Jeremy Corbyn avoids major rebellion over austerity

Jeremy Corbyn had faced a rebellion from his own backbenches. Picture: PA

Jeremy Corbyn had faced a rebellion from his own backbenches. Picture: PA

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A ROW broke out last night over accusations from Labour that the SNP have signed up to Tory austerity plans as MPs debated George Osborne’s Charter of Budget Responsibility.

With Jeremy Corbyn facing a rebellion from his own backbenches over his decision to reject voting for the Charter which underpins Conservative austerity policies, it was also to be opposed by the SNP.

The government won the vote by 320 votes to 258 meaning that many Labour MPs sat on their hands and abstained refusing to back the party leadership.

It is estimated that 45 Labour MPs stayed away from the Commons lobbies but around 15 have permission under the normal rules.

However, with no significant number voting with the Tories the rebellion was much lower than had been feared by the leadership.

One of the leading critics of Mr Corbyn in the Labour ranks, John Mann, a member of the treasury committee, said he would back his leader and vote against the charter, which he described as a “trap to try and entice” Labour into stupidity.

Shadow chancellor John McDonnell claimed that the SNP’s Scottish Government fiscal mandate published this month which aims to balance the books by 2020 means that the Nationalists have now agreed to the austerity plans despite fighting an election campaign promising to oppose them and describing Labour as “red Tories” for agreeing to balance the books.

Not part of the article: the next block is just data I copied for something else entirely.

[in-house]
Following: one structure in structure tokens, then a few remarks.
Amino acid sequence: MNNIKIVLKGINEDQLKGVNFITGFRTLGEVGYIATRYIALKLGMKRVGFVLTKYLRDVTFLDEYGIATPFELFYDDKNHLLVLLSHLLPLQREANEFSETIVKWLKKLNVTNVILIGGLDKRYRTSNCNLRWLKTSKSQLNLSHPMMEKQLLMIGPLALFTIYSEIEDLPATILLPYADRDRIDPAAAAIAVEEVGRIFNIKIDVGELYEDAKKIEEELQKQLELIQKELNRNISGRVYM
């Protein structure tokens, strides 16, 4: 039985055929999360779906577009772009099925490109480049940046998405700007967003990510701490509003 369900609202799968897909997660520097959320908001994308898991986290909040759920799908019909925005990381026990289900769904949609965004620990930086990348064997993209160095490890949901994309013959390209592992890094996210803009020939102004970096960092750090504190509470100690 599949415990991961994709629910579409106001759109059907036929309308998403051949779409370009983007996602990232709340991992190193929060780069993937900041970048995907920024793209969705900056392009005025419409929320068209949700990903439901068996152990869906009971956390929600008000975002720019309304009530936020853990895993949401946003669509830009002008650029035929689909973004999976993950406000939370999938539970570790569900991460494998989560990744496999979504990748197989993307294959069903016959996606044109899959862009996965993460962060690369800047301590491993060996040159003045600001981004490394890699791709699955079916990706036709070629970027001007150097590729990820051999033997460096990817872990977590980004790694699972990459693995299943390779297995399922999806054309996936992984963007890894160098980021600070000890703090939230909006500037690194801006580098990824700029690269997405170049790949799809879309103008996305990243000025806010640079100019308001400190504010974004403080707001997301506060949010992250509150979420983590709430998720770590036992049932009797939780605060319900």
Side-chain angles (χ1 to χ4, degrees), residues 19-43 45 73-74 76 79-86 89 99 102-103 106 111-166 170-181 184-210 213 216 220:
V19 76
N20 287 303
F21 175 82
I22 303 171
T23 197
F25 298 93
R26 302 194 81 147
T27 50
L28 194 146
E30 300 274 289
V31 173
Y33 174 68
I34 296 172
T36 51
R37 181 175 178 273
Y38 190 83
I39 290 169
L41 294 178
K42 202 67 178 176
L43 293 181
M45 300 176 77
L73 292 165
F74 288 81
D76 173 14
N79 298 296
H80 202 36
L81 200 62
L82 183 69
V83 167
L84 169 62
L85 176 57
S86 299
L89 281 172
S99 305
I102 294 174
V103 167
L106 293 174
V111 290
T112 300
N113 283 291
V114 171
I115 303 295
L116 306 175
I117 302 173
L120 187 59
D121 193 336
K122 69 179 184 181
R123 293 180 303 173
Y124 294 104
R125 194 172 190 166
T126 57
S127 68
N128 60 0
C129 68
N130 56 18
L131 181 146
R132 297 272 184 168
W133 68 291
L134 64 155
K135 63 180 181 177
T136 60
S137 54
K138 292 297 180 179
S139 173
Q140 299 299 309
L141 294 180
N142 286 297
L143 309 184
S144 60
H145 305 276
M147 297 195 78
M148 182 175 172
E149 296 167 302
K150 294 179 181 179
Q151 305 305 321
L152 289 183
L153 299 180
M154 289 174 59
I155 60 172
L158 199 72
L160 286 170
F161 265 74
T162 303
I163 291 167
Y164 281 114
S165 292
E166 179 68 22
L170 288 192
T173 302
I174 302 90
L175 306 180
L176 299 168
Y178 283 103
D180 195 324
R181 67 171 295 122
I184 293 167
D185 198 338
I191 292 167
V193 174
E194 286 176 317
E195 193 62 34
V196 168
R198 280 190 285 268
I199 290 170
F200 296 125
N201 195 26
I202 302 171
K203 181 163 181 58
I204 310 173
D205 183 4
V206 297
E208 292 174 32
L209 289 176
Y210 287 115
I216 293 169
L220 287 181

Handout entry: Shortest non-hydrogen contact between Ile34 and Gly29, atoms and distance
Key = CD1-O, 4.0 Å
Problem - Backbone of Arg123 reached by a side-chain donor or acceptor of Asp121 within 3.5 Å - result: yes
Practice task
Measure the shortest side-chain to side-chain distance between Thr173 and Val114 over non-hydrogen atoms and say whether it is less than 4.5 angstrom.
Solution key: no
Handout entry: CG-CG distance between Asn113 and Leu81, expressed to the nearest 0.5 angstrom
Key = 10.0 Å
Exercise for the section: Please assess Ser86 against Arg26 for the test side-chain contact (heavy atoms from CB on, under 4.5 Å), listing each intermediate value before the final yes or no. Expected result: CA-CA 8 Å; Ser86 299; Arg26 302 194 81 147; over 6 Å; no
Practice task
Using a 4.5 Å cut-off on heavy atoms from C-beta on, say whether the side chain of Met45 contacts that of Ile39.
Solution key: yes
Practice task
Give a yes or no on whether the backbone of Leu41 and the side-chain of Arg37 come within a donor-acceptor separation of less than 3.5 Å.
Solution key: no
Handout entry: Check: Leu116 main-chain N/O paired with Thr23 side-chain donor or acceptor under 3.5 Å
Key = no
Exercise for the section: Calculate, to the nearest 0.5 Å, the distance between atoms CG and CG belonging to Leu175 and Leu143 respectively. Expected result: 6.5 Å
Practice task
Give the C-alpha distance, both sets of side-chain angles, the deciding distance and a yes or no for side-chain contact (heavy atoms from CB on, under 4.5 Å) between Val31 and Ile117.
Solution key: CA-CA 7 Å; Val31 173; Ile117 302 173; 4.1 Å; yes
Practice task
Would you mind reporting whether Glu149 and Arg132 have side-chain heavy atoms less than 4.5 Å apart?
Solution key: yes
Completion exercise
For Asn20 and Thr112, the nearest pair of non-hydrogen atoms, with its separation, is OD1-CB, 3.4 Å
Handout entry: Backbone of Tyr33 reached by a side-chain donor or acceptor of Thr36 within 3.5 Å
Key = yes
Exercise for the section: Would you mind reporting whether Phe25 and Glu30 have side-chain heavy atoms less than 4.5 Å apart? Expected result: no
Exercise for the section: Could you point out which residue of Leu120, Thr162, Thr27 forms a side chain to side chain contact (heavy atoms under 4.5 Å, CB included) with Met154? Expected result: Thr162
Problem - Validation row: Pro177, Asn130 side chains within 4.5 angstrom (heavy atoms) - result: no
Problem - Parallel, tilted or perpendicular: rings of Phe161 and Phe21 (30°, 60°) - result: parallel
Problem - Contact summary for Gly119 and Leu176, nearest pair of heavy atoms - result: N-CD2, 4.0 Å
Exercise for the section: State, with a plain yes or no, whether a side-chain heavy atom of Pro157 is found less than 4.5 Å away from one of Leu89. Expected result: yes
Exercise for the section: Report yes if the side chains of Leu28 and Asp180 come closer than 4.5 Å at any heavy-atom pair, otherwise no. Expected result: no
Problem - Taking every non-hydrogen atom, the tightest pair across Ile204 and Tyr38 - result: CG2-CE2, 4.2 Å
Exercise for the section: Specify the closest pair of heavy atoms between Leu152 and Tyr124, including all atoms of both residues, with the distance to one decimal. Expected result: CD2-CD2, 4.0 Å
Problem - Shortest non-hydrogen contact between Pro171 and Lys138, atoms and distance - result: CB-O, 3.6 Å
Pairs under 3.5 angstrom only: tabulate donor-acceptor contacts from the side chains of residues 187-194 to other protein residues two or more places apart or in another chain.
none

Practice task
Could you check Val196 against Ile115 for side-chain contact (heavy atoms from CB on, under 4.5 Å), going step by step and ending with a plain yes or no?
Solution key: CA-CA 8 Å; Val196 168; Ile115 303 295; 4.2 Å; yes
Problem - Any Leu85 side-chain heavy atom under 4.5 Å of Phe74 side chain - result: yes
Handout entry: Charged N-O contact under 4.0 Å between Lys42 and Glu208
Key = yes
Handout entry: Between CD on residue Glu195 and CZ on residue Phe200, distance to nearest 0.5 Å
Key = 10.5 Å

He asked SNP Treasury spokesman Stewart Hosie: “Isn’t it true that the Scottish Government’s fiscal mandate is the same as the Charter?”

Responding, Mr Hosie said: “I say this gently, we voted against the Charter [before the election] and his party didn’t.

“I am glad you have changed your position, let’s focus on the present.”

A Scottish Government spokesman described the Labour’s claims as “utterly incoherent”.

He added: “The SNP and Scottish Government have been absolutely consistent in opposing austerity – unlike Labour’s shambolic performance which has this week descended into farce.”

Earlier, Mr McDonnell said he was opposing the Charter because the “economic narrative in this country has been captured by the right.”

He added: “Focusing on the deficit ignores the underlying problems of our unreformed economy.”

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